In his first hours in office and with the stroke of a pen, President Joe Biden put on hold an effort to develop what may be the largest production field in North America.
It was a more than 40-year effort and one led by dozens of voices from the North Slope communities and organizations. The Alaska Legislature has sent many resolutions requesting congressional action to open the coastal plain, and in 2017 that unified voice was listened to.
All seemed well when in early January, the Bureau of Land Management approved oil and gas lease sales for the Arctic National Wildlife Refuge (ANWR).
That all changed on Jan. 20.
Despite federal law calling for the “leasing development, production and transportation of oil and gas” in the Arctic National Wildlife Refuge, President Biden issued a moratorium on all ANWR oil and gas leasing activities and effectively reversed the sale that had already occurred.
That’s why I am sponsoring House Joint Resolution 12, which urges the Biden administration “to honor the recent lease sales and proceed with permitting” in ANWR. The resolution also opposes designating ANWR “as a National Monument” while “urging the Alaska delegation in Congress to uphold” federal law.
That resolution passed on Monday with the bipartisan support of 35 members of the Alaska House. It now moves on to the Senate.
Upon passage of this resolution, the Alaska State Legislature will have sent a unified message to the federal government asking them to work with us, rather than against us, in developing our resources and empowering our communities.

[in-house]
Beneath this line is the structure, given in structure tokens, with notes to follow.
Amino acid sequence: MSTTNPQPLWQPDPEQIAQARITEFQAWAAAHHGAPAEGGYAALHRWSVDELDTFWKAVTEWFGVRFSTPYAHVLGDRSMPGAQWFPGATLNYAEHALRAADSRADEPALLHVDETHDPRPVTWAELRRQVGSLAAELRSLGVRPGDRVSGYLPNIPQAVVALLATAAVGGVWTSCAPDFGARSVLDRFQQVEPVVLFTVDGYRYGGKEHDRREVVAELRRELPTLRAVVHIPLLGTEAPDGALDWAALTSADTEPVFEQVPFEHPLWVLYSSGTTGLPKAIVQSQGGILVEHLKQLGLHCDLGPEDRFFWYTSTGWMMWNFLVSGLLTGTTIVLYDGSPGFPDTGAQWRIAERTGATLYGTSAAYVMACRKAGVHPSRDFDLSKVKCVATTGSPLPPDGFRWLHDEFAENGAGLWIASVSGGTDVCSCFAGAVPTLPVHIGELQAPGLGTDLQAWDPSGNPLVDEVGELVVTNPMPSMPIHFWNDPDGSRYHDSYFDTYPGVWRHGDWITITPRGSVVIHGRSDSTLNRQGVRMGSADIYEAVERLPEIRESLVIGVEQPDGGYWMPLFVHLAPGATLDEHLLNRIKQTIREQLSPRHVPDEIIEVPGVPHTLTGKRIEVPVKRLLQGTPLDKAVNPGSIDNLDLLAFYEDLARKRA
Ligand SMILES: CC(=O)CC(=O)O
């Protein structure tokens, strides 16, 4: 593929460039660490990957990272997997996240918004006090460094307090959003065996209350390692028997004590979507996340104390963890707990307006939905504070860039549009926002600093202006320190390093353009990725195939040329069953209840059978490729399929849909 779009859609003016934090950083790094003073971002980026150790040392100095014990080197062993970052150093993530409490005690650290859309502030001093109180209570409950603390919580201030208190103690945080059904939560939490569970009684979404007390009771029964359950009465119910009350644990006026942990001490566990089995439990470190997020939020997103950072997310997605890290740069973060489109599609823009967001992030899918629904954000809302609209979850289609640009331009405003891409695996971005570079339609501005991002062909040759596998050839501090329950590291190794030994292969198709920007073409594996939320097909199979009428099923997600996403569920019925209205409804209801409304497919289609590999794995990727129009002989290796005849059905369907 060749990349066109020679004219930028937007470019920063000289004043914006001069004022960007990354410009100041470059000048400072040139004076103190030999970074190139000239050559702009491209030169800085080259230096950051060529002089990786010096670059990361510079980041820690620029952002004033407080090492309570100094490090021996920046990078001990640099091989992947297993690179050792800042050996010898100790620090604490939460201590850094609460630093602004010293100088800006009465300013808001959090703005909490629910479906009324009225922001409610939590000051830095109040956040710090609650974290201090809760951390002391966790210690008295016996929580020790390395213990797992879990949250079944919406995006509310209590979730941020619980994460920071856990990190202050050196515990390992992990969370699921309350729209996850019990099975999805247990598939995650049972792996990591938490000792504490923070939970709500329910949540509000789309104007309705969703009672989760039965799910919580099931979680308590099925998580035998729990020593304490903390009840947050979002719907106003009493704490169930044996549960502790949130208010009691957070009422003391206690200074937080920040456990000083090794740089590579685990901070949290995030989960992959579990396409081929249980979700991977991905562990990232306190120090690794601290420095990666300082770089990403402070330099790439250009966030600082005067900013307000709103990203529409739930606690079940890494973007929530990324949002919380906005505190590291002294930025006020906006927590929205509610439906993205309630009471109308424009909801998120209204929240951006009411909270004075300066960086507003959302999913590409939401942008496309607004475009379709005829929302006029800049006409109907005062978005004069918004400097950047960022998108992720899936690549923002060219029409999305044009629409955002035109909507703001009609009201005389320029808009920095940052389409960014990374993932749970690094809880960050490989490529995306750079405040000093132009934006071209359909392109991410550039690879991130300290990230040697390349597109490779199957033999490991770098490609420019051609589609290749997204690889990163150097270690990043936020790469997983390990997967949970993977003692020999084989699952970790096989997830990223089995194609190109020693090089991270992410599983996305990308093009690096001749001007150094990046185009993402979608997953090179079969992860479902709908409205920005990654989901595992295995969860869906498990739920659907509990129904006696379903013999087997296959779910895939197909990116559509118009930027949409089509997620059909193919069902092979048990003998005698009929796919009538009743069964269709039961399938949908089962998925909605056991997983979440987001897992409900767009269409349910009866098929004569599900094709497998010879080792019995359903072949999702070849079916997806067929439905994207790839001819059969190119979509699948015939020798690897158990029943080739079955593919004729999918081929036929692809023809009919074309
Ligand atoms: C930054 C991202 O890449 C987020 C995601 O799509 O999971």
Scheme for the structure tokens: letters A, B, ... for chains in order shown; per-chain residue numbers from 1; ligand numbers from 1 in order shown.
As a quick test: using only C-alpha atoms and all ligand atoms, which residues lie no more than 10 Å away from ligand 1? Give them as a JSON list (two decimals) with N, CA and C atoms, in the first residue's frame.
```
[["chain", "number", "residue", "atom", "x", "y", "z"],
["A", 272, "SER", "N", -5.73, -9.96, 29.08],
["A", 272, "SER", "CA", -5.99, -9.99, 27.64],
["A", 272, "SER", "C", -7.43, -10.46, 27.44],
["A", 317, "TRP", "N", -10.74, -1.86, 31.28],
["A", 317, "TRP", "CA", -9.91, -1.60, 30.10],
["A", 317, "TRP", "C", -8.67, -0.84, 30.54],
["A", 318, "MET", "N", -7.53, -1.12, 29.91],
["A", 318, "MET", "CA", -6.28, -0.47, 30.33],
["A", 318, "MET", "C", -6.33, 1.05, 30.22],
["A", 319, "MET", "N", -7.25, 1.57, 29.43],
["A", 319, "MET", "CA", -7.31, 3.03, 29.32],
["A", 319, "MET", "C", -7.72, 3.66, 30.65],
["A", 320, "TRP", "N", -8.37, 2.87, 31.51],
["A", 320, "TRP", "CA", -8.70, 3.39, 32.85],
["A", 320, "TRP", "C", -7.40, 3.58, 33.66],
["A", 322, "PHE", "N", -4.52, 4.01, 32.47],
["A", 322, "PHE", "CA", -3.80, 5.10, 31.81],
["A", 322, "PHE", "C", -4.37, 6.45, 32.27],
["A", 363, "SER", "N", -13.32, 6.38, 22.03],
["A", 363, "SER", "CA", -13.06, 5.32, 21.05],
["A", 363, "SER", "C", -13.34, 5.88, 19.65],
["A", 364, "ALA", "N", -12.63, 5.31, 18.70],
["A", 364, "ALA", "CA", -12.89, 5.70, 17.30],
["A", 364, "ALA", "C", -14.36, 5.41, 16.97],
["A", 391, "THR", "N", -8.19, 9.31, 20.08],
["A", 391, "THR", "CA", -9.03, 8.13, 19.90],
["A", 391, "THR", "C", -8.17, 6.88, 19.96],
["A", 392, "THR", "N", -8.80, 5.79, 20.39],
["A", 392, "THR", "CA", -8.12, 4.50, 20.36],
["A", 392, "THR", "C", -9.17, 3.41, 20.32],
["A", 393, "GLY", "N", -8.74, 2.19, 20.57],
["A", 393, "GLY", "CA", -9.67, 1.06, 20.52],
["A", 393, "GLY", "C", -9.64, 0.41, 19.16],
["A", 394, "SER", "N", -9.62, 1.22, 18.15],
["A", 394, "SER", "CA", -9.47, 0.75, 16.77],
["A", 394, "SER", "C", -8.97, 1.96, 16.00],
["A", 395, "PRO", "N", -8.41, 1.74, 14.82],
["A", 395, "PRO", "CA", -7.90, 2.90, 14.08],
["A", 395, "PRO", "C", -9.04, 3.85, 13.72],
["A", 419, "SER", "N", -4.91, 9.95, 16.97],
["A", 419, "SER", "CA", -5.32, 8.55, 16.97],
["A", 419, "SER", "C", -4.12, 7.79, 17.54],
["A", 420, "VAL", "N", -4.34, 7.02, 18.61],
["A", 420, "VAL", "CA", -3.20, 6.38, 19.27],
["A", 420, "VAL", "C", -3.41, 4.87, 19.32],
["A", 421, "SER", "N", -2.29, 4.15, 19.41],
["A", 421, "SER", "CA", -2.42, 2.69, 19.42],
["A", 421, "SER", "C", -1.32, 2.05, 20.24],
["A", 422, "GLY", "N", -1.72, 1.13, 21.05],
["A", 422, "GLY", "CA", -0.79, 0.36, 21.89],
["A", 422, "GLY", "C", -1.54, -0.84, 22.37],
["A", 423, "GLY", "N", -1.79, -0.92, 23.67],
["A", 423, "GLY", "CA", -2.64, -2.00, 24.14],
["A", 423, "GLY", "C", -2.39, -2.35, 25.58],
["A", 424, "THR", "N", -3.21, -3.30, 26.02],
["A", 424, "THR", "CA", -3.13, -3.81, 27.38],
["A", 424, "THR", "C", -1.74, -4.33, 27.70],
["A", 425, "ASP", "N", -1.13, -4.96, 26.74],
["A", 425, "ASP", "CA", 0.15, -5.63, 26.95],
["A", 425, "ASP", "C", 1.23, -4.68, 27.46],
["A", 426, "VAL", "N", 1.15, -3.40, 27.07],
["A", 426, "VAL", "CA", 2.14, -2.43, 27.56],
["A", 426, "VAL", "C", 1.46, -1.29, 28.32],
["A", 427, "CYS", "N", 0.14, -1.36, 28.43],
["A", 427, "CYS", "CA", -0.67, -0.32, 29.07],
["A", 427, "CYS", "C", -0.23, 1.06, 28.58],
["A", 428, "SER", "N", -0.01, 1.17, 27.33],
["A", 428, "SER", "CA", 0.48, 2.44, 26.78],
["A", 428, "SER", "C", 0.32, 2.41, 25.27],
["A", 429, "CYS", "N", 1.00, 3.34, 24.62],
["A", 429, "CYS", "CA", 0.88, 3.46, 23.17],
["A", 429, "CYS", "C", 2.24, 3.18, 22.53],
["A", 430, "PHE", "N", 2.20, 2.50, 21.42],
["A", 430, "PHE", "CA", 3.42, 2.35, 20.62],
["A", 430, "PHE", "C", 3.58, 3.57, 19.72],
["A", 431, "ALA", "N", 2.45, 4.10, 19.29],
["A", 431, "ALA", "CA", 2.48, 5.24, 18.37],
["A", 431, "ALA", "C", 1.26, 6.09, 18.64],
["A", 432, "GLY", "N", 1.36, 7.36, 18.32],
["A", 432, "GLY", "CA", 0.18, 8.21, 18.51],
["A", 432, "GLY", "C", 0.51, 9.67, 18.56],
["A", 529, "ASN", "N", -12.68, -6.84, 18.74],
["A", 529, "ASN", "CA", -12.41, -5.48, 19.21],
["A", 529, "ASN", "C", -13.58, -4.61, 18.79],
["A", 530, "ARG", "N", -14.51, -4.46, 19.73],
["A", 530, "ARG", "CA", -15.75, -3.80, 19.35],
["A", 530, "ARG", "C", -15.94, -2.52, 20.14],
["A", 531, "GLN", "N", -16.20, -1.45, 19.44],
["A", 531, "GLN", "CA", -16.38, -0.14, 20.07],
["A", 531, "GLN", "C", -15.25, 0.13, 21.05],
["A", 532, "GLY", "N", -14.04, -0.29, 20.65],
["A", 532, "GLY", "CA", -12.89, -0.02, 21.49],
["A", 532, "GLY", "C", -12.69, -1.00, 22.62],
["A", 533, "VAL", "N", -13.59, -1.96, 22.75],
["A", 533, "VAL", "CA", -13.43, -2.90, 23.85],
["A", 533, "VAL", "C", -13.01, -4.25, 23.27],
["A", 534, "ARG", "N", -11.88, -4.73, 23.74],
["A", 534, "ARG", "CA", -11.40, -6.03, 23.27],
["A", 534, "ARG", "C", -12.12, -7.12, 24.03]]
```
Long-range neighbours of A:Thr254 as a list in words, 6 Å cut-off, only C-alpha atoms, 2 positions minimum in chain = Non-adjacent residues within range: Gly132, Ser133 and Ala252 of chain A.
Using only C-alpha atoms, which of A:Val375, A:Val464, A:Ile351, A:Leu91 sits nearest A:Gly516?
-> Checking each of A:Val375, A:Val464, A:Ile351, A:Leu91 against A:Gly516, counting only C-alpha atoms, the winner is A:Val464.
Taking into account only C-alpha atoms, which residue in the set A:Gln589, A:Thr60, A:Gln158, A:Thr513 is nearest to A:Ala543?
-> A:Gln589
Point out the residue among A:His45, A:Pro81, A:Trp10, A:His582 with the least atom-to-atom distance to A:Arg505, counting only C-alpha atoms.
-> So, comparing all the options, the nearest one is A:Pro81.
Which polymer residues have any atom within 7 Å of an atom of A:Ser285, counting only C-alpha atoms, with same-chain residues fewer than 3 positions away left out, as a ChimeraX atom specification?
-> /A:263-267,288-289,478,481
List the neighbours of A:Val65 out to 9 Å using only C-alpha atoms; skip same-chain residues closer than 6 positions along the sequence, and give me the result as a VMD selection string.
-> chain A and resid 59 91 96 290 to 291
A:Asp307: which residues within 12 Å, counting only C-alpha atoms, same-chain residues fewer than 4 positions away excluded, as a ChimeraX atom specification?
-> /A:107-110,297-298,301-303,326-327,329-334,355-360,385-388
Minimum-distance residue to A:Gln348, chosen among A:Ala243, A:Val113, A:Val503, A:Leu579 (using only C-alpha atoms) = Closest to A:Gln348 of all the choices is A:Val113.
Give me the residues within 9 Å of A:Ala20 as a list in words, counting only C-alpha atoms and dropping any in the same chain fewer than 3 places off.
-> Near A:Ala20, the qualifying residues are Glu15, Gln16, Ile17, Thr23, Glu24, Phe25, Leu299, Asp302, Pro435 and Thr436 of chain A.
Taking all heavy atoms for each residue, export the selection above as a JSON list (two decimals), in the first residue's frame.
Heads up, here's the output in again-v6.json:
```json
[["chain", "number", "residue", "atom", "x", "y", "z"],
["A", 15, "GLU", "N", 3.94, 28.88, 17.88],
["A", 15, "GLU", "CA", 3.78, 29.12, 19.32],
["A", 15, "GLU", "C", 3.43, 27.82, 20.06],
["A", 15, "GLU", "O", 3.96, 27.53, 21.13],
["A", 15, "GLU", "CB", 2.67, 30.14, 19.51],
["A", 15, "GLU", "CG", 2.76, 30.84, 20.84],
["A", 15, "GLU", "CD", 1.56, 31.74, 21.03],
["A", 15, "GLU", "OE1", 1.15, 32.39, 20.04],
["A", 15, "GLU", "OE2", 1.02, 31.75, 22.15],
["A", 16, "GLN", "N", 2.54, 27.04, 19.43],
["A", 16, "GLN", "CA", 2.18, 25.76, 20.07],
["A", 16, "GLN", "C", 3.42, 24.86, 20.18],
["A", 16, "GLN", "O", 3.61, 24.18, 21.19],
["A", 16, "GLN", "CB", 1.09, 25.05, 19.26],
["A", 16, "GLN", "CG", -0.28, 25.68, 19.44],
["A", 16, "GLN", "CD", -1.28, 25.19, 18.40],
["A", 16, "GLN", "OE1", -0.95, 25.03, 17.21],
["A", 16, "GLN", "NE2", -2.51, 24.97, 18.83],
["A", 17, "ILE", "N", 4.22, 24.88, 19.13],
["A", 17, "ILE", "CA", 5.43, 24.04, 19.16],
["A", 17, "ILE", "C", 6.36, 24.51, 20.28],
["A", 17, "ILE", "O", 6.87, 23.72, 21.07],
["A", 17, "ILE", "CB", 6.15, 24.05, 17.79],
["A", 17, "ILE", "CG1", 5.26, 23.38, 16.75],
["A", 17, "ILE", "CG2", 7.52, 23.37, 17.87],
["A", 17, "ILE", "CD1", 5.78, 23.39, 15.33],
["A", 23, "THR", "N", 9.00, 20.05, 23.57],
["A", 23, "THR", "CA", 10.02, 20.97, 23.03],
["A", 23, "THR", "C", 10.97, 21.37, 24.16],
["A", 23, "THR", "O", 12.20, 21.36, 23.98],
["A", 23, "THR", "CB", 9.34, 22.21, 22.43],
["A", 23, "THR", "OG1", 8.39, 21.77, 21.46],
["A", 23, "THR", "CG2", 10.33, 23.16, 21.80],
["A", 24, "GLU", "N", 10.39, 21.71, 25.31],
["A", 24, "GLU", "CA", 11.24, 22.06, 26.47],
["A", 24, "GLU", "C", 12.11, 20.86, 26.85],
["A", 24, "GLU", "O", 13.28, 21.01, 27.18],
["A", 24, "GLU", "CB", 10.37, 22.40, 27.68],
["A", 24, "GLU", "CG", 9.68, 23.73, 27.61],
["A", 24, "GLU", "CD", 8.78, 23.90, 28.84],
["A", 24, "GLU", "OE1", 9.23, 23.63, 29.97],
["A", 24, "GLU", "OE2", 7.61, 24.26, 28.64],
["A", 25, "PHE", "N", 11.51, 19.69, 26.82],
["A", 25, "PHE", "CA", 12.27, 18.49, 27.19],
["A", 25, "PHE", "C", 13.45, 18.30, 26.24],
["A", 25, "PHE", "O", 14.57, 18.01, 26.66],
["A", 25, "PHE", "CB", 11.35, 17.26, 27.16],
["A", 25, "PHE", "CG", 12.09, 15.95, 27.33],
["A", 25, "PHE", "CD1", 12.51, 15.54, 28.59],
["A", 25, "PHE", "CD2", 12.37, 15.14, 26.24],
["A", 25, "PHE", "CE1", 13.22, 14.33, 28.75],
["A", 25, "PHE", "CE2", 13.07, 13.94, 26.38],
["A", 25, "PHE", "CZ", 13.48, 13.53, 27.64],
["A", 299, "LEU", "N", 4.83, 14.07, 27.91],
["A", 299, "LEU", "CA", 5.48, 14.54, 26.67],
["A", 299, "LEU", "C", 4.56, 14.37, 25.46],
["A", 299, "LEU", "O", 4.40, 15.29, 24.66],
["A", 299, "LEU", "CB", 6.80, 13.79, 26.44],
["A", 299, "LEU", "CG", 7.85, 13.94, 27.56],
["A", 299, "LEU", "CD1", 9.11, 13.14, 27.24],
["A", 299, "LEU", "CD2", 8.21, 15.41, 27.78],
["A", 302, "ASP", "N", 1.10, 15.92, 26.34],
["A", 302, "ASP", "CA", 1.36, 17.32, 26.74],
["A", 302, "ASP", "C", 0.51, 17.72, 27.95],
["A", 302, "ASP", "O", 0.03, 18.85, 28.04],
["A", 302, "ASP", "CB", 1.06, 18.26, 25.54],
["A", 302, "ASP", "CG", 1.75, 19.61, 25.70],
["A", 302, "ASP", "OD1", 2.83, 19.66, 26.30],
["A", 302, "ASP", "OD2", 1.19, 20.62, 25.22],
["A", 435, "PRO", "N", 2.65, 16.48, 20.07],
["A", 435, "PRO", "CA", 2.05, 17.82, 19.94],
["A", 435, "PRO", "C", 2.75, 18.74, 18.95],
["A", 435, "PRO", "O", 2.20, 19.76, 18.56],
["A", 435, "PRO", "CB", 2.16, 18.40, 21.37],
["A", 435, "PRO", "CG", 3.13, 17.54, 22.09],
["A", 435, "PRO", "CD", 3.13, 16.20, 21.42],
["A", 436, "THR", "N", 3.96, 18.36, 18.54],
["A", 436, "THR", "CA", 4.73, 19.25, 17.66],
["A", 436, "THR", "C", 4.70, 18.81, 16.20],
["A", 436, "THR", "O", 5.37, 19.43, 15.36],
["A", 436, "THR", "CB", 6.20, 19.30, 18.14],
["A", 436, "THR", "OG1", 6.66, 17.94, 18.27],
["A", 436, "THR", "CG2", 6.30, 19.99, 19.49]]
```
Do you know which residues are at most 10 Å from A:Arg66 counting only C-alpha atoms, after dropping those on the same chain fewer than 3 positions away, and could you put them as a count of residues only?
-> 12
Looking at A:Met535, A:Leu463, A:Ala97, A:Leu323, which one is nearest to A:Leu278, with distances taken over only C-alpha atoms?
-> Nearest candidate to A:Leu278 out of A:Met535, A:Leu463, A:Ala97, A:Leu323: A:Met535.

The Biden administration needs to follow federal law and allow Alaska to honor its constitutional obligation by developing its resources. Our state’s livelihood depends on it.
As overall Alaska oil production has declined, the development of additional oil fields has become increasingly important to maintain the viability of the trans-Alaska pipeline (TAPS). TAPS is not only a critical piece of infrastructure for Alaska, it remains critical for the United States’ energy portfolio and national security.
With an estimated 7.3 billion barrels of economically recoverable oil, the stakes remain too high for Alaska’s future. That could mean an additional 1.4 million barrels per day for TAPS. Of the 17% royalty payment negotiated in the ANWR agreement, Alaska receives half.
Those that oppose oil and gas development on the coastal plain of ANWR point toward possible effects on the Porcupine caribou herd. Similar arguments were made prior to development in Prudhoe Bay. However, multiple studies indicate the Central Alaska caribou herd remains strong.
Others cite climate change as their underlying concern and argue that if we leave that oil in the ground, we may avert disaster.
I contend that the real disaster is continuing to purchase petroleum from jurisdictions with lower environmental standards or worse — from jurisdictions that routinely fund enemies of our country.
Alaska has been safely producing oil and gas for more than 40 years. We have some of the highest environmental and safety standards in the world.
The ground is still viable, and the caribou are still numerous.
If we want to have a serious conversation and solve our state’s budget deficits, responsible resource development has to be part of it. Alaska should be open for business and our leaders need to let it be so.
Representative George Rauscher is (R-Sutton) is serving his third term as a member of the House Resource Committee.